reply to this | link to this | view in chronology ]

    • icon
      Stephen T. Stone (profile), 1 Mar 2019 @ 4:23pm

      pirates won't pay a cent

      Hi, I paid to watch The Dark Knight twice in theaters and paid to own a DVD copy of the film, and inbetween the theatrical run and the DVD release, I illicitly downloaded a copy of the film because I wanted to see it again. I disprove your absolutist statement. Come back with something original next time, Blue.

      reply to this | link to this | view in chronology ]

    • identicon
      Anonymous Coward, 1 Mar 2019 @ 4:24pm

      Re: Yup. For all cases where Price > 0 and Ease < Impossible.

      and utterly ignoring that without some money and time being paid somewhere,

      You are ignoring the main point of the article, which is make content available and at a reasonable price and people will pay for it. Also, according to your logic, putting content up for free, and looking for patronage to be able to generate more content should be suicide, but many self publishers will tell you that you are wrong, because that is how they make their living.

      reply to this | link to this | view in chronology ]

      • This comment has been flagged by the community. Click here to show it
        identicon
        Anonymous Coward, 1 Mar 2019 @ 8:36pm

        Re: Re: Yup. For all cases where Price > 0 and Ease < Impossible

        That's called "hope labor," this time under threat of piracy:

        http://www.polecom.org/index.php/polecom/article/view/9

        It's not up to the audience to set prices OR to steal the work. If they don't like it, they can play those games from the Game Jam!

        We have free television in this country and you can get Hulu for $11.99 a month, Netflix for a dollar or so more, and other streams that include lots of these allegedly overpriced works.

        Piracy robs the producer of its distribution list, putting it in the hands of the pirates. That these pirates say they'd buy at a "reasonable price" means they'd either buy or do without in the absence of piracy. Since some would buy, those are lost sales. If these people wouldn't buy anyway then piracy doesn't help sales.

        Porn actresses who are pirated now "connect with fans" as HOOKERS.

        reply to this | link to this | view in chronology ]

        • icon
          Stephen T. Stone (profile), 1 Mar 2019 @ 8:54pm

          hope labor

          …what

          Piracy robs the producer of its distribution list, putting it in the hands of the pirates.

          …fucking what

          That these pirates say they'd buy at a "reasonable price" means they'd either buy or do without in the absence of piracy.

          Yes, that would be the idea.

          Since some would buy, those are lost sales.

          “Would buy” is not the same thing as “promise to buy”. And a potential sale that does not turn into an actual sale is not a “lost sale” because you cannot lose something you did not have in the first place.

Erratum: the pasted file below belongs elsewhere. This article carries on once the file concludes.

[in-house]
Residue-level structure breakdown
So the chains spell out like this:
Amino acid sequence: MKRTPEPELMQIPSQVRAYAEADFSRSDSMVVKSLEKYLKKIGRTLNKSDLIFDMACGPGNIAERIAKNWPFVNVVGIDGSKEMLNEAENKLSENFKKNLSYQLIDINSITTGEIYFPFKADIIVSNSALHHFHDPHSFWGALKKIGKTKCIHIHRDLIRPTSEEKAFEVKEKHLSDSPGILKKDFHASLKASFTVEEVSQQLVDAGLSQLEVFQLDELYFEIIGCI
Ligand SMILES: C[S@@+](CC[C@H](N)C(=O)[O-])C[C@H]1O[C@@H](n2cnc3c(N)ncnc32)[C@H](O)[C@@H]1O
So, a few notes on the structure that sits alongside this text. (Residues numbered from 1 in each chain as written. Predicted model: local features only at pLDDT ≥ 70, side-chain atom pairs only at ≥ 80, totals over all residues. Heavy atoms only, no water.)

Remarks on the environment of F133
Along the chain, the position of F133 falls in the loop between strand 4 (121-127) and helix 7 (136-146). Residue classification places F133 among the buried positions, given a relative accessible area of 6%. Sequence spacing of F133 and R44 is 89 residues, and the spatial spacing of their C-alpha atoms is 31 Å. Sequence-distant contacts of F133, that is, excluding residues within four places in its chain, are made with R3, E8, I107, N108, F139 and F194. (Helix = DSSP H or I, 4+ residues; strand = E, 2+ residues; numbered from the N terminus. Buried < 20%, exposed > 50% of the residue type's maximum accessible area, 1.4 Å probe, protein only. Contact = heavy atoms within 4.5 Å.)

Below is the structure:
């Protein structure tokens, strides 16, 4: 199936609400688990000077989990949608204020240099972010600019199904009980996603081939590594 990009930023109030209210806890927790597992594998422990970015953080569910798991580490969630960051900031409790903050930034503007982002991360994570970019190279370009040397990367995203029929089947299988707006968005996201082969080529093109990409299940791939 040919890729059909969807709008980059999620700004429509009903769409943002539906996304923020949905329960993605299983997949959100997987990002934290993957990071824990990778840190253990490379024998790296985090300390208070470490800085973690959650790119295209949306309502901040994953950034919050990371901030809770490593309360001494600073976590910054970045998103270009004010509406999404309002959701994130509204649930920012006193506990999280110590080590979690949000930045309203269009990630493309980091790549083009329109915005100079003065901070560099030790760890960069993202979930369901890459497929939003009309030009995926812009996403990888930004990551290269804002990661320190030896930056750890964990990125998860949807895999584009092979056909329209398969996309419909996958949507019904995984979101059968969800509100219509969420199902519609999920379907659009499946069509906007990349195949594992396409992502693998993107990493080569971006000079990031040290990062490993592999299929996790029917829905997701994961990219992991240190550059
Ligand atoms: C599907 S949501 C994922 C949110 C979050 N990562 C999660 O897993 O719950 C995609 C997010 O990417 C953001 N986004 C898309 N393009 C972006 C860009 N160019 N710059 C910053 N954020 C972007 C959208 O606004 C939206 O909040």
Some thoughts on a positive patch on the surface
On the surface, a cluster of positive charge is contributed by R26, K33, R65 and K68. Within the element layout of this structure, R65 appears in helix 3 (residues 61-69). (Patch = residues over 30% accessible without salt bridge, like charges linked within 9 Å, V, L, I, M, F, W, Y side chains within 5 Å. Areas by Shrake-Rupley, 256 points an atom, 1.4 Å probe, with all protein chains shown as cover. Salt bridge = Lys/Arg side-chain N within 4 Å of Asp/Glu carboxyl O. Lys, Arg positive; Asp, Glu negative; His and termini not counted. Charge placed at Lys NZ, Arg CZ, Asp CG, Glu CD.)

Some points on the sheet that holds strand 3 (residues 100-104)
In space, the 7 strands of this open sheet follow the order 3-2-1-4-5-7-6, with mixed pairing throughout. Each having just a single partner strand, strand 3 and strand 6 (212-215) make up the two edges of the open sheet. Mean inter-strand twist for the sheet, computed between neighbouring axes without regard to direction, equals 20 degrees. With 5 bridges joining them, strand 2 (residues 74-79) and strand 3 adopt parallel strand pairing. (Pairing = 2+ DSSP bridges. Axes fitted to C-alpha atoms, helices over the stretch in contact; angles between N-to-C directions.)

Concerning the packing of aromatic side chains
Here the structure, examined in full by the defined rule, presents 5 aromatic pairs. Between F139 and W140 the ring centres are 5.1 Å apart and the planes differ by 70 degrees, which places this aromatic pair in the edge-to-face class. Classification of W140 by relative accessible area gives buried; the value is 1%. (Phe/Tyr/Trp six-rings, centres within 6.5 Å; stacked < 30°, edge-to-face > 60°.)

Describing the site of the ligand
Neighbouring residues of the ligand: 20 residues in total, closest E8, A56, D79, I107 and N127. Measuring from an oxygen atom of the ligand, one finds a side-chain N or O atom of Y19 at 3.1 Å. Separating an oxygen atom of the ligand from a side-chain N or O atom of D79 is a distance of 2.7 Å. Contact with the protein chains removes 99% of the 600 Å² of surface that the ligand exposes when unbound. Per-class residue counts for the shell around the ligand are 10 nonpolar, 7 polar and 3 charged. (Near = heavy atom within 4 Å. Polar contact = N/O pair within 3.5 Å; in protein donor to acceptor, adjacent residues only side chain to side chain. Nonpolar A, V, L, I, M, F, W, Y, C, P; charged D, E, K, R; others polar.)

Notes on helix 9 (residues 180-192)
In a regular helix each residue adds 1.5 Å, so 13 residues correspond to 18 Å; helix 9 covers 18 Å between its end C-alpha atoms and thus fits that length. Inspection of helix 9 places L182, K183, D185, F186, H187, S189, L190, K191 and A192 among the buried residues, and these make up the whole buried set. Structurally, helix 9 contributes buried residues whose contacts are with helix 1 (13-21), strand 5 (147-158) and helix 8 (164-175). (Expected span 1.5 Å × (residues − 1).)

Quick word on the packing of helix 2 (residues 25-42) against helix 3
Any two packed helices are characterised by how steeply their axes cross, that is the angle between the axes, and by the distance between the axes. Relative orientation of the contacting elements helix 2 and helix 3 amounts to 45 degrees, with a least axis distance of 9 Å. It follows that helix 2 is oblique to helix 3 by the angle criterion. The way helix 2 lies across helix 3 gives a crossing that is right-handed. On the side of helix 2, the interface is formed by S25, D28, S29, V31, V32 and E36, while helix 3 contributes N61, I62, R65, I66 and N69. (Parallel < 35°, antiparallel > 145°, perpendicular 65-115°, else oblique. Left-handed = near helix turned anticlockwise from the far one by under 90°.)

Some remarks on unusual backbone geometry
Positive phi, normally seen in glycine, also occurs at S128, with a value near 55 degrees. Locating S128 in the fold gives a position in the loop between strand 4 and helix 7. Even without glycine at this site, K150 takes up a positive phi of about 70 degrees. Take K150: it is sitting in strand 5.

If these people wouldn't buy anyway then piracy doesn't help sales.

          If some people who illicitly download movies eventually buy a legal copy of a given movie, piracy did help sales.

          Porn actresses who are pirated now "connect with fans" as HOOKERS.

          Um…I…uh…th’fuck does that have to do with anything.

          reply to this | link to this | view in chronology ]

          • This comment has been flagged by the community. Click here to show it
            identicon
            Anonymous Coward, 1 Mar 2019 @ 8:58pm

            Re:

            Nothing in the article justifies any type of piracy, which is why we still need Article 13.

            Those companies who want to do the "freemium" thing are free to.

            reply to this | link to this | view in chronology ]

            • icon
              Stephen T. Stone (profile), 1 Mar 2019 @ 9:52pm

              Re: Re:

              What specific language in Article 13 directly addresses illicit filesharing in particular and copyright infringement in general, such that the implementation of Article 13 will directly target “piracy” without going after activities that are currently legal under EU law?

              reply to this | link to this | view in chronology ]

              • This comment has been flagged by the community. Click here to show it
                identicon
                Anonymous Coward, 2 Mar 2019 @ 10:16am

                Re: Re: Re:

                Pirates will run afoul of the licensing provisions of Article 13.

                reply to this | link to this | view in chronology ]

                • identicon
                  TFG, 2 Mar 2019 @ 10:33am

                  Re: Re: Re: Re:

                  You are apparently incapable of answering questions. Let's try again, with added emphasis for the slow class:

                  "What specific language in Article 13 directly addresses illicit filesharing in particular and copyright infringement in general, such that the implementation of Article 13 will directly target 'piracy' without going after activities that are currently legal under EU law?"